3) whilst it can be fashionable in a place like New York City to play “trendy fag” showing one’s limp wrist with a ring around one finger (please don’t tell me if they really do: it’s disgusting; and please don’t tell me if they really don’t: wasn’t it supposed to be about “luuuv?”), it is easily conceivable that the matter might be different in smaller places, where people tend to think that marriage is between a man and a woman. Ask the local gentry, and they will say it’s elementary.
This is, I assume, the main reason why perverts gather in the biggest cities: anonymity means both license, and the possibility of creating self-approving communities halfway protected by the ridicule.
What will be most interesting to follow, though, will be the rate of divorce of these so-called “couples”; then these clowns can never create any real expression of “love”, just the mockery of it.
One thinks that, perhaps, they understand it themselves.
I have written some days ago about the possibility that the Diocese of Orange would bid for the “Crystal Cathedral”.
The Diocese of Orange has now made an offer, that at USD 50m in cash would appear more attractive (for the seller) than the alternatives examined up to now.
I can only repeat here that, whilst the intention to save money is in itself laudable (though questionable; this is a glass building, not something made for the centuries), such a building does not correspond to the message a Catholic Cathedral is supposed to send. If you want to see a sensible alternative you can look here, or at the photo above.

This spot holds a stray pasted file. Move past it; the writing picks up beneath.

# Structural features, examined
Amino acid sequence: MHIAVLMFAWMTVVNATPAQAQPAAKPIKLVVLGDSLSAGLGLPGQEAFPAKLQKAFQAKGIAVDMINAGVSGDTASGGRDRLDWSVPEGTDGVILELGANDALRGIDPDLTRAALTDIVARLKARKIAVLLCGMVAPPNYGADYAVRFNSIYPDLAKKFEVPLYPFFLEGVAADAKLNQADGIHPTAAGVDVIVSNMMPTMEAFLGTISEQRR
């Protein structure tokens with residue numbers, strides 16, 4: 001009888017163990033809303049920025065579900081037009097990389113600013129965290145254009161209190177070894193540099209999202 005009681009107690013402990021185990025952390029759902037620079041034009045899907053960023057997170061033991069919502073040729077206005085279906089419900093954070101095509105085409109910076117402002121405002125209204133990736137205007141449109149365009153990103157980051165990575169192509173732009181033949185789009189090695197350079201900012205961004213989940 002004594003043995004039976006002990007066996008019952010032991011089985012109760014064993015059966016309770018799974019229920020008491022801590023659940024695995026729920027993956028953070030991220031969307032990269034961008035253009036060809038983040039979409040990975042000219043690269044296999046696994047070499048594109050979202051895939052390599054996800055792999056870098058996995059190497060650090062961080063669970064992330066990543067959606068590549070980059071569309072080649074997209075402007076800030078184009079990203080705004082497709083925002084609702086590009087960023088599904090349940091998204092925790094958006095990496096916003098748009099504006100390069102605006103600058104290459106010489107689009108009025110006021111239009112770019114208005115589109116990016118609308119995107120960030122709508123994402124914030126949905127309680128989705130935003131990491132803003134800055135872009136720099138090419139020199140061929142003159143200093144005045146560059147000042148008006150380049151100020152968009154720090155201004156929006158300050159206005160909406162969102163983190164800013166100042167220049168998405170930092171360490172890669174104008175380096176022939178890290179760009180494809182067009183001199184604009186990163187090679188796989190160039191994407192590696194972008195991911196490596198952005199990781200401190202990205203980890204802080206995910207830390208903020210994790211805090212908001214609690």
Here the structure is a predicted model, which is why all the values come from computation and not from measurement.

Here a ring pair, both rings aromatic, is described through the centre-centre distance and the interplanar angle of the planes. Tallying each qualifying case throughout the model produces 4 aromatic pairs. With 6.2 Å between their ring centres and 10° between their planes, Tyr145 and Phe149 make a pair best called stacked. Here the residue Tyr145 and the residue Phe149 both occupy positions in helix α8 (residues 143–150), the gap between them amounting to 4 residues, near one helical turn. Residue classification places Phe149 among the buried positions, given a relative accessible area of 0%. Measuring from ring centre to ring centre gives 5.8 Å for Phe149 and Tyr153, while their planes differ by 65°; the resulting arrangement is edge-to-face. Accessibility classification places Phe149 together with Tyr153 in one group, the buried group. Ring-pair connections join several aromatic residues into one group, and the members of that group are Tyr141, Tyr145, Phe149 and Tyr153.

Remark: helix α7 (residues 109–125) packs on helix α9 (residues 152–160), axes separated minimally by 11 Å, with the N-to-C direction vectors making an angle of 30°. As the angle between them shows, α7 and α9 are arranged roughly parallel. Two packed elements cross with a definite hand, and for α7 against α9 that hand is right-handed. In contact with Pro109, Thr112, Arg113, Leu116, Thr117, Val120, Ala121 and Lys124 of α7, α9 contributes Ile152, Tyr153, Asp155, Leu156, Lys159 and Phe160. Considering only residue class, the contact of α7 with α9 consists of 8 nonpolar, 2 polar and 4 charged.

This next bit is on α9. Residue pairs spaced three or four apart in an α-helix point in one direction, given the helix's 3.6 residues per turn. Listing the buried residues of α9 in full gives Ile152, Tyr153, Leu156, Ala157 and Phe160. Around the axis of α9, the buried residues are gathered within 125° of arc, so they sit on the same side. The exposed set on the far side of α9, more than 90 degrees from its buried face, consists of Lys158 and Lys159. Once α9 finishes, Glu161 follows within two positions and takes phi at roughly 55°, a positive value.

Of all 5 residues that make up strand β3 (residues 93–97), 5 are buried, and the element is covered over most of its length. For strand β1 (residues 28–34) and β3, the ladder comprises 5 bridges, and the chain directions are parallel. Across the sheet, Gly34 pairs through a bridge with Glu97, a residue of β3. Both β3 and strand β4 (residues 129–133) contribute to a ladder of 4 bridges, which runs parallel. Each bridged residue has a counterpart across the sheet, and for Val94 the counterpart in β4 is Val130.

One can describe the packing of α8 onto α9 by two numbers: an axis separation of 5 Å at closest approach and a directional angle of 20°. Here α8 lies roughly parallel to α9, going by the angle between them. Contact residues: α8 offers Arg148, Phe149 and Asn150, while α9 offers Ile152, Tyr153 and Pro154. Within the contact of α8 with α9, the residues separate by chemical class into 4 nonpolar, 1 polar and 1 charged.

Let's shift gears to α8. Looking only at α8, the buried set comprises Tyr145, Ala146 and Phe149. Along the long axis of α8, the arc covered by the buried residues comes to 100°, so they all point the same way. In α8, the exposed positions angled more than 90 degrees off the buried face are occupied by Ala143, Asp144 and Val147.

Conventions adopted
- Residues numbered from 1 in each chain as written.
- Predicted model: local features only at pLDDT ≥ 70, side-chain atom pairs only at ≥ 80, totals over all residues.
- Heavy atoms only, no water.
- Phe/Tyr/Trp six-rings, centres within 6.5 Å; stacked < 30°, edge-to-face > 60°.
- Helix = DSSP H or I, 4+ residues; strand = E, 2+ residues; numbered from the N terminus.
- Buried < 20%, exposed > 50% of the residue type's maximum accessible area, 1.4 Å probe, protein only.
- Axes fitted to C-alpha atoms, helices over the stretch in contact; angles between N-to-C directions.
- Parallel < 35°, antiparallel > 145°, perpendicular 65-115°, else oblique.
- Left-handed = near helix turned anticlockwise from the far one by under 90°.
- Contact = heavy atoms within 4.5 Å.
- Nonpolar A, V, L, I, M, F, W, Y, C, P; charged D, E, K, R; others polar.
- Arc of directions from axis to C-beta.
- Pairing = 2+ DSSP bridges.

The Diocese of Orange has 1.2 million parishioners. For many centuries, Cathedrals have been built slowly, but in the right way.
I do not doubt that cheaper alternatives were available to our ancestors; but our ancestors did not go for the cheaper alternatives. They started to build cathedrals of which they knew that no one of the initiators would see them completed, and many of their children might not see them completed, either. Every one of those beautiful buildings is a tale of patience, sacrifice, and true faith. We see them today, and we are reminded of Christ not only through the way the Cathedral is built, but through the faith of those who built it. Proposals like “we need a Cathedral now so let’s find a fast solution”, or “there’s a building available that costs half, let’s take that instead” would not have ranked very high in popularity by our ancestors.